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913 Sport injuries in children: 10-year experience at the red cross war memorial children’s hospital
  1. Haiko K Jahn1,
  2. Tamsin Carter-Smith2,
  3. Jodie H Frost3,
  4. Sebastian Van As2
  1. 1Royal Belfast Hospital for Sick Children, Belfast, Northern Ireland
  2. 2Red Cross War Memorial Children’s Hospital, Cape Town, South Africa
  3. 3Great Ormond Street Hospital, London, England


Background Our review focuses on the incidence, aetiology and management of sports injuries in the paediatric population in a tertiary paediatric trauma unit in a developing country.

Methods The data from Trauma Unit Register at the Red Cross War Memorial Children’s Hospital for the 10-year period from 2000 until 2010 was retrospectively analysed for all children under the age of 13-years, who were documented as having sustained any injury in a Sport setting.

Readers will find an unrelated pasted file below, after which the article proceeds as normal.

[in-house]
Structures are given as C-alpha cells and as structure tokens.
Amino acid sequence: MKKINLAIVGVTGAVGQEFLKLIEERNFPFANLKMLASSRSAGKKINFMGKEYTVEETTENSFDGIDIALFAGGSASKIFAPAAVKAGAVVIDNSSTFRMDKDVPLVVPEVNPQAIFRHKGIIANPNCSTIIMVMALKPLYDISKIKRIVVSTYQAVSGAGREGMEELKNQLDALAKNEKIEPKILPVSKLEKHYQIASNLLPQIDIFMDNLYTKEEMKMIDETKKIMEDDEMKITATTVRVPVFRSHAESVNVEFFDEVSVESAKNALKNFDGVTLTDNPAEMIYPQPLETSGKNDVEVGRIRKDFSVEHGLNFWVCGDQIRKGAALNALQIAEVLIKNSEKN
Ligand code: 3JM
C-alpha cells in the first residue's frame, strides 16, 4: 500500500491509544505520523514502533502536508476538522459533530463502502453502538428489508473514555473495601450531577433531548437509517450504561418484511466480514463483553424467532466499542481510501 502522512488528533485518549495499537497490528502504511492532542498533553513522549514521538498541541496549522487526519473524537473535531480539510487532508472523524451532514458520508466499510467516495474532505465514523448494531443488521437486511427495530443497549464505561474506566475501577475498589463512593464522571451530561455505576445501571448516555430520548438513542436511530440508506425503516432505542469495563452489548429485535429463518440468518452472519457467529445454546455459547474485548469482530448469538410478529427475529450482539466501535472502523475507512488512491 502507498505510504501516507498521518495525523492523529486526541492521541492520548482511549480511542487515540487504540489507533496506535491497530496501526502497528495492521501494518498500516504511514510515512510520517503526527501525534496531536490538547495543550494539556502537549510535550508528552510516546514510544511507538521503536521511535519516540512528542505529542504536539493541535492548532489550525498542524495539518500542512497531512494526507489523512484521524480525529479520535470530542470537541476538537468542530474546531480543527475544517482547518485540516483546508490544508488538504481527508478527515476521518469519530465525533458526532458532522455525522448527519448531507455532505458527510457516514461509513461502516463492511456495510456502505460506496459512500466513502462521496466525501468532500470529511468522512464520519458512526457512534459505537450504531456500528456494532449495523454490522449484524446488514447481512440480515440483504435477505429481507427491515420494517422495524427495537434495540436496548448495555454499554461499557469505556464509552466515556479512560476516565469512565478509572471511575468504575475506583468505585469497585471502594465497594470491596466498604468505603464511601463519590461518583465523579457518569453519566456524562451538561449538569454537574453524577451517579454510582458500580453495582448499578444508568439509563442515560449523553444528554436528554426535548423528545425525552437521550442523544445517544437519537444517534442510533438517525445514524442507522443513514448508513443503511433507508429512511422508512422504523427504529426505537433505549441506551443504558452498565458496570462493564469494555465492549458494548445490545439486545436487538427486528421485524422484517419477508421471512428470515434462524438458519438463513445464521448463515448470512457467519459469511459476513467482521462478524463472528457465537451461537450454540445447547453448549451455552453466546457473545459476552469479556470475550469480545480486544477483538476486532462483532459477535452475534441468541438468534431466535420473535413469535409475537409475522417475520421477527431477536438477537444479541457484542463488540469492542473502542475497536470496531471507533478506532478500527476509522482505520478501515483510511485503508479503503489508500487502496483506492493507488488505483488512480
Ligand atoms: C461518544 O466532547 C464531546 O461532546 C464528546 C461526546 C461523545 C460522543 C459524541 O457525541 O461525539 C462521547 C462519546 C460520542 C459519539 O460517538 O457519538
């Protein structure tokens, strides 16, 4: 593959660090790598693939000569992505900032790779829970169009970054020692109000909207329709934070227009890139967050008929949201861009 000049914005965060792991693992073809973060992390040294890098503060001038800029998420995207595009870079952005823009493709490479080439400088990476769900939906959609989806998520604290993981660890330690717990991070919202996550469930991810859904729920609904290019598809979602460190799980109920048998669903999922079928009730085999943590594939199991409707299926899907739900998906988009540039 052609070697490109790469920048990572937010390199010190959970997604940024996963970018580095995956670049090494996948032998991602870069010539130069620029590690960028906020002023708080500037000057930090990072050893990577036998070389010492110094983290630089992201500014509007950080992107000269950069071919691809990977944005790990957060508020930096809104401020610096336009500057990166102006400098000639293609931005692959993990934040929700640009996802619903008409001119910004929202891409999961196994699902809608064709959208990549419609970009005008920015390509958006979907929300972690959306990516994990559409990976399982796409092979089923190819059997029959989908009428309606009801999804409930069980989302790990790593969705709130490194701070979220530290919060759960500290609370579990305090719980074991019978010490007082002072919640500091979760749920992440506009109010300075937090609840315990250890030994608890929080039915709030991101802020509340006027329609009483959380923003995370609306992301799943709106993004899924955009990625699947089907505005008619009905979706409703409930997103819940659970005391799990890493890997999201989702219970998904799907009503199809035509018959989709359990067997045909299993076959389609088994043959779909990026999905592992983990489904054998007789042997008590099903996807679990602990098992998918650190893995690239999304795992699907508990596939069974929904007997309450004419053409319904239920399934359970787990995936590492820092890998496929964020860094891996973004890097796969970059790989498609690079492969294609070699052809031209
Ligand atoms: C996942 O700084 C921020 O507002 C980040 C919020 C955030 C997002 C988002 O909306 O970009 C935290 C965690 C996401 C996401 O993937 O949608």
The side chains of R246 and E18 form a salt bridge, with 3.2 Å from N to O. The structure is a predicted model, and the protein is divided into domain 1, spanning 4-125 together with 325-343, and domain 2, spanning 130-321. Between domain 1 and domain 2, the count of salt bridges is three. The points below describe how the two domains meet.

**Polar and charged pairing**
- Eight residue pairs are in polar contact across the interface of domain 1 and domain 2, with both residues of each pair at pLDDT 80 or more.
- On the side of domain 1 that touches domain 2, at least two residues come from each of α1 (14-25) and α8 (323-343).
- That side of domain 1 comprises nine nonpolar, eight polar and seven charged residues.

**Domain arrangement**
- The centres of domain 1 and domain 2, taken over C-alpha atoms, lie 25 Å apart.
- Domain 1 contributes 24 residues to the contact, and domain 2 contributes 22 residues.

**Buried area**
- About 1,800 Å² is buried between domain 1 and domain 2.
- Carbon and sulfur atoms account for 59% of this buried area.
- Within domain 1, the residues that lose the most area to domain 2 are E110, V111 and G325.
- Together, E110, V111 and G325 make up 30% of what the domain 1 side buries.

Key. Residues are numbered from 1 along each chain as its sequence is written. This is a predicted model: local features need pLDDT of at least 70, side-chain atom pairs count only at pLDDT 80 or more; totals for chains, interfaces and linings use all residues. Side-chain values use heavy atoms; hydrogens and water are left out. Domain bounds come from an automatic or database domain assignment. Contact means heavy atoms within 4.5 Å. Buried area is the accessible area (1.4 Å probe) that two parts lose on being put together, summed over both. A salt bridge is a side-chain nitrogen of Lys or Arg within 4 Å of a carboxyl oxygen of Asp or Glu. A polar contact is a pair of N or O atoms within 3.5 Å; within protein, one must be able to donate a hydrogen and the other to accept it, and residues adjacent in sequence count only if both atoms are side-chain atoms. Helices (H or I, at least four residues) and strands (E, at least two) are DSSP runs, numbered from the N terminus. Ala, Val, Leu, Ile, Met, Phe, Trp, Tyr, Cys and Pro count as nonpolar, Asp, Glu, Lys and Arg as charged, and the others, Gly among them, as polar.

Results Over the 10-year period 950 children (average age 9 years), who were presented to the trauma unit had sports related injuries. The male to female ratio was 5.6:1 (males 805, females 145). Whilst 212 needed immediate admission 738 were discharged on initial presentation. Abbreviated injury score was minor for 547, moderate for 393 and severe for 10 children.

The cause of injury was undefined falls in 416 and falls involving playground equipment in 87 cases. The site of injury was the upper limb 392 (forearm 120, elbow supracondylar 44, elbow other 60, hand 82, wrist 74, upper arm 12), the lower limb 224 (tibia and fibula shaft and calf 70, foot 62, ankle 54, femur shaft and thigh, 29 hip and femoral neck 9) and the head 137 (scalp 41, skull 41, brain closed 20, concussion 35) cases.

Fractures were the most common pathology (closed 416, open 10, fracture dislocation 7) followed by closed tissue injures 168, abrasions 88 and lacerations in 67 cases.

Conclusions This review shows a male predominance in sport related injuries in the under 13-year old age group, which may reflect greater sporting participation by boys than girls in South Africa. The upper limb was the most commonly injured extremity and falls the most common cause of injury. This may be a result of a bracing type injury. Increasing sport participation by girls may change this injury pattern. Injury and fall prevention may decrease injuries in this age group.

  • Sports Injury
  • Children
  • Trauma
  • Injury
  • Safety

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